I was a keynote speaker at a Conference on British Foreign Policy in Africa since 1957, at Paris Diderot University in March 2011. I also presented a paper on my current research on the British Monarchy and the Commonwealth at the University of Cambridge World History Seminar, and was an invited speaker at a conference at the University of Northumbria on ‘The American and British Relationship with Africa since 1960’. In September 2010 I delivered a presentation on the Commonwealth Ministerial Action Group at the Commonwealth Secretariat Induction Programme for Commonwealth Diplomats at Farnham Castle.
The Institute continued to offer its MA in Understanding and Securing Human Rights, which is the longestrunning multidisciplinary and practice-oriented human rights Master’s programme in the UK. A total of 41 MA students registered for the programme in 2011-12, and a further 26 were registered for Doctoral studies. An exciting film project was launched by our students to work with young people living in the Brunswick Centre, examining the community and its challenges from a human rights-based perspective. Two students on the MA, Esther Ojulari and Gaia Marcus, trained the group of young women on human rights and the rights of the child and filmmakers PAN supported the young women to develop the film. It was premiered at the Renoir Cinema in the Brunswick Centre during the 2010 Bloomsbury Festival.
“Exploring what it means to be a Commonwealth citizen in the 21st century.” The Institute has continued to expand its cutting edge research projects. Dr. David Cantor was awarded an Economic and Social Research Council (ESRC) grant to complete a knowledge exchange project on ‘Managing insecurity: displacement and return during the Colombian conflict.’ I collaborated with Dr Leo Zeilig to establish the Commonwealth Oral History Project, which aims to develop a unique research resource on the oral history of the modern Commonwealth. An interview with Sir Shridath Surendranath “Sonny” Ramphal, the second Commonwealth Secretary-General from 1975-1990, was conducted by Stuart Mole to launch the initiative. A conference was also held in June 2011, entitled ‘Negotiating with Apartheid - Witness Seminar on the mission to South Africa of the Commonwealth Eminent Persons Group 1986,’ a major Commonwealth initiative to encourage political reform in South Africa.
“Enabling UK scholars to collaborate on issues in the humanities and social sciences relevant to the study of the Commonwealth.”
I continue to co-edit The Journal of Imperial and Commonwealth History. I also published an article on the 1959 Nyasaland Emergency in The Journal of Southern African Studies. Finally, it gives me great pleasure to relaunch the Institute of Commonwealth Studies newsletter Commonwealth Matters. I hope you enjoy our first edition and please do get in touch with your news, suggestions and feedback. With all good wishes, Professor Philip Murphy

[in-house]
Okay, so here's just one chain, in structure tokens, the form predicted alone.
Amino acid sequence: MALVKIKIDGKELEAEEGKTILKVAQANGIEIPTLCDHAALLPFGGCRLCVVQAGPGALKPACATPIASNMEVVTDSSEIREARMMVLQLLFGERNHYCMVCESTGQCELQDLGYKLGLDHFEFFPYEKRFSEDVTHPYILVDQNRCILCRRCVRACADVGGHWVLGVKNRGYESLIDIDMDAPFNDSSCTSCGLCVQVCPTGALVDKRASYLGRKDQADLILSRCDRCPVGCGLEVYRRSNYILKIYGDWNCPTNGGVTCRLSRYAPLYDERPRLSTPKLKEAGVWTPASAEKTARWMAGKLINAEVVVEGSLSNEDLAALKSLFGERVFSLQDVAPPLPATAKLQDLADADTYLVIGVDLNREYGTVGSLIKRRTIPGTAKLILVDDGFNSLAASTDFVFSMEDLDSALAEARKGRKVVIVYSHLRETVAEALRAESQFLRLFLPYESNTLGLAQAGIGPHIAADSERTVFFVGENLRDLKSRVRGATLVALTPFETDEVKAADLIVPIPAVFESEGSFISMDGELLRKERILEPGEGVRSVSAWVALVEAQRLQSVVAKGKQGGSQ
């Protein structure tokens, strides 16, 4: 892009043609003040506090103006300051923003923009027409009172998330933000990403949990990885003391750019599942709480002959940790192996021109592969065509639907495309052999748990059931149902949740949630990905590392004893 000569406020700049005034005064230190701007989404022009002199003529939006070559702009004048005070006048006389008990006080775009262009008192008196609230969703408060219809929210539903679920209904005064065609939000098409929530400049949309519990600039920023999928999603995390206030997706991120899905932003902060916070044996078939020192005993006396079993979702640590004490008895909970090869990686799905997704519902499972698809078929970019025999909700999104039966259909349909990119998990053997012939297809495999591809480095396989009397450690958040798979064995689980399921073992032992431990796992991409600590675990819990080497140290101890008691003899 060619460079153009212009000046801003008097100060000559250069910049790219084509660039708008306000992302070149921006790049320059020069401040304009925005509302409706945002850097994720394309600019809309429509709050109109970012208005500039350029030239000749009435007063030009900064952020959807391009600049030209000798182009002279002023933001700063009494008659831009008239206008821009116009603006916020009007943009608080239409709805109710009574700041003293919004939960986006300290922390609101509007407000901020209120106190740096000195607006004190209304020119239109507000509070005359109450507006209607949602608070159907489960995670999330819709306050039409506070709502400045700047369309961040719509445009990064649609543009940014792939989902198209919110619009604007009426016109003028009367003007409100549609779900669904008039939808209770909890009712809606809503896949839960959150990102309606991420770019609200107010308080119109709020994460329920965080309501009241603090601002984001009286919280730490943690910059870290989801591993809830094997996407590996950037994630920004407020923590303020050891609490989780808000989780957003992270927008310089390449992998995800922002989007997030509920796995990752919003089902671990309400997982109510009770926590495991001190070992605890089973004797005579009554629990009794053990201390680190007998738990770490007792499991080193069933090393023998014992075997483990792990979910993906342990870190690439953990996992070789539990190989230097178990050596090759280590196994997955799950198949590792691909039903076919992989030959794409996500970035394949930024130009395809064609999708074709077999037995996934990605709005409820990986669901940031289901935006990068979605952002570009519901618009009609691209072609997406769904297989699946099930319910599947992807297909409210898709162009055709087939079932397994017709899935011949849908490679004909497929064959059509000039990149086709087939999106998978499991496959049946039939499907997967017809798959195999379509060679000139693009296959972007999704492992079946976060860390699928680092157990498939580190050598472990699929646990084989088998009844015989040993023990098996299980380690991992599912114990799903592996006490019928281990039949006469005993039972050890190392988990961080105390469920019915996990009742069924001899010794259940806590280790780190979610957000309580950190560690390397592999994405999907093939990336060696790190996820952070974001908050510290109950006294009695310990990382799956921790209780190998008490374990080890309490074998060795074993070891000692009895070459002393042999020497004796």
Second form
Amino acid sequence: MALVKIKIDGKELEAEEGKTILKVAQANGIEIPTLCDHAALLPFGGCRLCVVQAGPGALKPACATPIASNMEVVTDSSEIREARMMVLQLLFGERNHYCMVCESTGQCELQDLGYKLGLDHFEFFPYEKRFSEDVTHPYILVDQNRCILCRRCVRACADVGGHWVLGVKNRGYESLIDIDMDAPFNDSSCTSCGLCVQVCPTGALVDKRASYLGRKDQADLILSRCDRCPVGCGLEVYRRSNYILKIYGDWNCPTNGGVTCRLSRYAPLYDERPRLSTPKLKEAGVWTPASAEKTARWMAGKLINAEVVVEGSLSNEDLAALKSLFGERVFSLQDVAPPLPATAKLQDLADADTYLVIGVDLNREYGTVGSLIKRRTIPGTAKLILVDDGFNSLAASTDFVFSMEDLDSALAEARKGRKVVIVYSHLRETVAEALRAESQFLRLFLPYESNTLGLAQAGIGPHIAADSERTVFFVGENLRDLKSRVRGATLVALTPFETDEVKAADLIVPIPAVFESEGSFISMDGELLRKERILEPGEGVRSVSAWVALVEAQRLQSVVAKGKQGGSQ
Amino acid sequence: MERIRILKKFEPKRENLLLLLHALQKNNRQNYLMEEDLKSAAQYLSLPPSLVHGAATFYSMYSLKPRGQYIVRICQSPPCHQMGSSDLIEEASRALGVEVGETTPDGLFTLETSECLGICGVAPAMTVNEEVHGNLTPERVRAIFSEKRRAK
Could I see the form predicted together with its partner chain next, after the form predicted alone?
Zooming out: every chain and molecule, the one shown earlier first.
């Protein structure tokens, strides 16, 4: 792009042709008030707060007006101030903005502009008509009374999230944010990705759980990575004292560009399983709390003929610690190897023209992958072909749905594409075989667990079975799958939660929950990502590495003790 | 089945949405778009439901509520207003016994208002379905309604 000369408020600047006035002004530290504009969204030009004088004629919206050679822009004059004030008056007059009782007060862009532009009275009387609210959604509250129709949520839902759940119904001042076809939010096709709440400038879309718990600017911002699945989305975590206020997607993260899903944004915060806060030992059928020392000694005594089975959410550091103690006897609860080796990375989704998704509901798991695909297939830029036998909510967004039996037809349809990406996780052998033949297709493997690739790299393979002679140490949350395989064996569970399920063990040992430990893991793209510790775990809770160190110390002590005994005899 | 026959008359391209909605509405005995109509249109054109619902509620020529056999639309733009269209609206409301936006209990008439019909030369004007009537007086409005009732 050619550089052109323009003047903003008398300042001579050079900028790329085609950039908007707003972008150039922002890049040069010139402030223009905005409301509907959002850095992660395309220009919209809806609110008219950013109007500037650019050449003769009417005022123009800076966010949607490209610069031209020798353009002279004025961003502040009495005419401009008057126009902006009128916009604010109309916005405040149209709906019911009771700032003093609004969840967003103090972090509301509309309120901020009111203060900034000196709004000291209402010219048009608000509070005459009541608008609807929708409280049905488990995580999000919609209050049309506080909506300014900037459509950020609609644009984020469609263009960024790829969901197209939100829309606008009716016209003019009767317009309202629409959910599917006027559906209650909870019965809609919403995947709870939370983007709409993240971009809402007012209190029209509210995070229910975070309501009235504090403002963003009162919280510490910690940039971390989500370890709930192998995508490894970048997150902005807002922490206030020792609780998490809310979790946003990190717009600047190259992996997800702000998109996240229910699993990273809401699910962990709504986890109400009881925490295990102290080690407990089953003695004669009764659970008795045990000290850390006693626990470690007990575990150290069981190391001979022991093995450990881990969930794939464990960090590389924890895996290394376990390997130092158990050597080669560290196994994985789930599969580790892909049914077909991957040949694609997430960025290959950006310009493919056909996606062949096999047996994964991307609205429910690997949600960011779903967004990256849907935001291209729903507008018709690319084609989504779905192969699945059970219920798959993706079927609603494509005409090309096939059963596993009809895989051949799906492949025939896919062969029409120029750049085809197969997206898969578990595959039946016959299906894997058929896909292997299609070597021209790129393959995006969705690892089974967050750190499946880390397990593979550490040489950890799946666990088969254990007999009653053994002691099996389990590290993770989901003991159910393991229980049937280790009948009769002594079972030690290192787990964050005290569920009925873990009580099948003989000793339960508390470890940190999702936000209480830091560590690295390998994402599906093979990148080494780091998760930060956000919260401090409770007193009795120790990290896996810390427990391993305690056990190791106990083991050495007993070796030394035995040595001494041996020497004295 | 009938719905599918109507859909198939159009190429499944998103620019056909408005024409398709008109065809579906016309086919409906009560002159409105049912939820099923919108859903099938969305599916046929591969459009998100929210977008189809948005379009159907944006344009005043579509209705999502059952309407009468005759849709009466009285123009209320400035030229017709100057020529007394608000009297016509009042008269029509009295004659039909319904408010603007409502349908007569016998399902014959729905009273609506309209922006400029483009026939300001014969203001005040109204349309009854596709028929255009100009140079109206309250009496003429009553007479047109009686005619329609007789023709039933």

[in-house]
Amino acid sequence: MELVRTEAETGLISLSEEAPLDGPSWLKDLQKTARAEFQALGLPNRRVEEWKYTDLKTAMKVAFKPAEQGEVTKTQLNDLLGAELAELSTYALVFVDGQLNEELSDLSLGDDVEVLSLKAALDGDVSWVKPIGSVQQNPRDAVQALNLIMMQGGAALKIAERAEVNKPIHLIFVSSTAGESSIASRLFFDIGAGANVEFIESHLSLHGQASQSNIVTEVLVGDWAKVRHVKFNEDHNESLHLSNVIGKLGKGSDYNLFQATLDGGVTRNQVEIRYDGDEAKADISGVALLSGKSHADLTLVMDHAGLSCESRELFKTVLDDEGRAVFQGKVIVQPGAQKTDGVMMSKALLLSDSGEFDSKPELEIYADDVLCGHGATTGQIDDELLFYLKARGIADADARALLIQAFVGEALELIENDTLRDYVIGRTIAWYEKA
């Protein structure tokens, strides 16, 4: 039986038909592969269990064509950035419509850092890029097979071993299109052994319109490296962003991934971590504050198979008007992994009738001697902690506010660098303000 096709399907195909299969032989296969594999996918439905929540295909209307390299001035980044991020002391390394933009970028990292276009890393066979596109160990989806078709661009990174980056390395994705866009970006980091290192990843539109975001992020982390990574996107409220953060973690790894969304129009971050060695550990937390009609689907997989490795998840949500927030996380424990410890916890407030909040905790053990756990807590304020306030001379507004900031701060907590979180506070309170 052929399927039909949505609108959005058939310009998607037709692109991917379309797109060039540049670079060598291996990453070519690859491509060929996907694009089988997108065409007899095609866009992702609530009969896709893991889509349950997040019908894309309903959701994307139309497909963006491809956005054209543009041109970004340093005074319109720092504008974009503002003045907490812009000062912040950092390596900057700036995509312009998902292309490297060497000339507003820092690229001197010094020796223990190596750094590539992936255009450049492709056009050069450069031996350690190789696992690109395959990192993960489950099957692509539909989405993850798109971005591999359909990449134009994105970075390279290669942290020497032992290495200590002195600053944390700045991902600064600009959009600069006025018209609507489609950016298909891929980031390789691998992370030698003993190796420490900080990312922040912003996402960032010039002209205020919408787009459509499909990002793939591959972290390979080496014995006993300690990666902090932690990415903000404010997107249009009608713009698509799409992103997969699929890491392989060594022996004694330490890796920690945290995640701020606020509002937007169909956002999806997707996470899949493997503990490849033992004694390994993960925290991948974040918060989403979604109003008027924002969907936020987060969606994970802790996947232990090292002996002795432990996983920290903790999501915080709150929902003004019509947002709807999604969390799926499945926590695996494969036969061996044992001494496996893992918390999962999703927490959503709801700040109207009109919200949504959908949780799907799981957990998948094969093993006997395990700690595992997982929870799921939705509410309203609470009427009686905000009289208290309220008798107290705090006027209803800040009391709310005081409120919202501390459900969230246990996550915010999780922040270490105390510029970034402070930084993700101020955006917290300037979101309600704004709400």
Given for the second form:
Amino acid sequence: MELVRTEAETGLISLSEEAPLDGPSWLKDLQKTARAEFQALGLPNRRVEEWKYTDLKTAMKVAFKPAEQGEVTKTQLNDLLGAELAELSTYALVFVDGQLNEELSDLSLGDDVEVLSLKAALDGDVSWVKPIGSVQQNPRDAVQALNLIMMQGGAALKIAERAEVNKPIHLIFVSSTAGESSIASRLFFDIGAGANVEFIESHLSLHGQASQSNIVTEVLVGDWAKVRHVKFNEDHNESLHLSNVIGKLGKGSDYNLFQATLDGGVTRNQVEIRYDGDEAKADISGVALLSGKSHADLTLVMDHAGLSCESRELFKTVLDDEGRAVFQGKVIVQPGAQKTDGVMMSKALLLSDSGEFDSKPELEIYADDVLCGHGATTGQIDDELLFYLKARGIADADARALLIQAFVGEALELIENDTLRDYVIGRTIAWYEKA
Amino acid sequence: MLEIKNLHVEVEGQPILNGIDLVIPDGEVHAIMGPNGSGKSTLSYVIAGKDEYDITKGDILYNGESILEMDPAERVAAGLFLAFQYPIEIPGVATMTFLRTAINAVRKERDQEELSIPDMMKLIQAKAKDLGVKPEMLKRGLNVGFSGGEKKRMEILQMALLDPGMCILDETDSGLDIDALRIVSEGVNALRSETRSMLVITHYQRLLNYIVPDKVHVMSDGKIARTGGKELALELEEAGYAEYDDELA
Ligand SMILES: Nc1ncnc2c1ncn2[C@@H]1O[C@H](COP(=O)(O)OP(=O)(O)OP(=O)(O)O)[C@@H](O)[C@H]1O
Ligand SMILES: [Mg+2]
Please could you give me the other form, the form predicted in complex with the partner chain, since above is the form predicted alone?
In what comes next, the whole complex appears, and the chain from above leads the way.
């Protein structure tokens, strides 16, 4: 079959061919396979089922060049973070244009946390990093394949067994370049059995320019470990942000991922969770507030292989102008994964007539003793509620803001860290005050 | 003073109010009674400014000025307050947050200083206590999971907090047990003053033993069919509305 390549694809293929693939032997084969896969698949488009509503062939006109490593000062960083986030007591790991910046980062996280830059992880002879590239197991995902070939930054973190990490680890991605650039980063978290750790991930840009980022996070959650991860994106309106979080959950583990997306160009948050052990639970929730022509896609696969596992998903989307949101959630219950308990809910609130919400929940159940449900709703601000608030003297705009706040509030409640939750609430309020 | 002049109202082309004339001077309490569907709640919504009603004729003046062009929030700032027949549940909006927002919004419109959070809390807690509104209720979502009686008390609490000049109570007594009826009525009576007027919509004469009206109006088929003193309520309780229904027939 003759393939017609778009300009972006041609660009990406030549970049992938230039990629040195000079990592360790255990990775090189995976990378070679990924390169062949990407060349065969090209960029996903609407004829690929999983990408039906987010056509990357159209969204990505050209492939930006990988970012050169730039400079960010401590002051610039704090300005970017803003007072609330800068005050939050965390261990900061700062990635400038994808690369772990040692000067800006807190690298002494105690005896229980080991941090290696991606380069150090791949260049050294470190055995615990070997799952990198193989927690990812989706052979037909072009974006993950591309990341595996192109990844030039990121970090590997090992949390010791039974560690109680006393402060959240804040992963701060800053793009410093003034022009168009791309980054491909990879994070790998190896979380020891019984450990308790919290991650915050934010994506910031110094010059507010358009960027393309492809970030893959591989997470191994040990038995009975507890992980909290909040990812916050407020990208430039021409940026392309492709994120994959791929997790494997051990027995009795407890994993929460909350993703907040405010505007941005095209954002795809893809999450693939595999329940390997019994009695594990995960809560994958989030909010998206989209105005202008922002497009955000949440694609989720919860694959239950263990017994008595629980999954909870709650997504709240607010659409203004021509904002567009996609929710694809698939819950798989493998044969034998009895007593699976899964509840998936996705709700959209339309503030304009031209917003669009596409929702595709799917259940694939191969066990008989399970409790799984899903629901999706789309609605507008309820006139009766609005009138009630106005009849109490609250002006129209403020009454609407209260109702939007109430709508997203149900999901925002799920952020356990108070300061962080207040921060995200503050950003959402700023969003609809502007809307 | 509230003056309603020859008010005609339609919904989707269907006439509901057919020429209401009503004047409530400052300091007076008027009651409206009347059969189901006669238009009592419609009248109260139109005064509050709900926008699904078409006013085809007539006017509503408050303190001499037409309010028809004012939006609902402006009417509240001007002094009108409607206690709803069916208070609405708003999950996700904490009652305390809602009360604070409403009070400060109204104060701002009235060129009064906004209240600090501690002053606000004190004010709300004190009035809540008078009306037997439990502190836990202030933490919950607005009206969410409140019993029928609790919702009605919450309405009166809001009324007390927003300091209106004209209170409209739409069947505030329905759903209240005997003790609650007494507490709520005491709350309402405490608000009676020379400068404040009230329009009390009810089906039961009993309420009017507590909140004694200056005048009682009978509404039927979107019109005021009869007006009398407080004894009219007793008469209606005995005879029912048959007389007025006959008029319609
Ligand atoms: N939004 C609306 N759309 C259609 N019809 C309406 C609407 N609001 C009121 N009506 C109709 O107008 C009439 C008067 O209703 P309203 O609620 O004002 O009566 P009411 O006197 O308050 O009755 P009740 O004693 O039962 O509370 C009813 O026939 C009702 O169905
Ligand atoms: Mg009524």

Staff Highlights Professor James Manor Over the last year, I led a team from the School of Advanced Study to a conference at the former Viceregal Lodge in Simla, India which inaugurated a tripartite partnership that links the School to the Indian Institute of Advanced Study (India’s premier scholarly institution) and Yale University. I finished one book on the politics of poverty reduction in Uganda, Brazil and India; and neared completion of another on India’s (and the world’s) largest poverty programme. I gave a presentation in Pretoria to officials from the President’s office and relevant ministries on the Indian programme, since the South Africans are considering something similar. I lectured on these and other topics in several parts of India and in Britain, the Netherlands, Italy, Sweden and Cambodia. With support from School’s Dean, I developed a proposal for a major research project. It will involve 18 researchers in an analysis of the politics that lie behind a recent increase in efforts to tackle poverty and inequality by governments in Brazil, India, China and South Africa. I also did two spells of field research in India on the implications for democracy of a fundamental social change, the declining power of caste hierarchies.
Dr Corinne Lennox
Dr David Cantor In 2010/11, I have been busy launching new projects and disseminating research that is linked to my PhD, completed in 2009, whilst also juggling a demanding teaching schedule on the MA in Understanding and Securing Human Rights.
I found myself with Professor James Manor in the hills of the Himalayas at a fascinating conference on changes in caste hierarchies, part of a School of Advanced Study alliance with Yale and the Indian Institute of Advanced Study. I took the opportunity also to initiate plans for my sabbatical in Summer 2012, which will include a period of research in India. I was pleased to be able to share some of this research with advocates in Geneva at the Dalit Decade review conference in June 2011.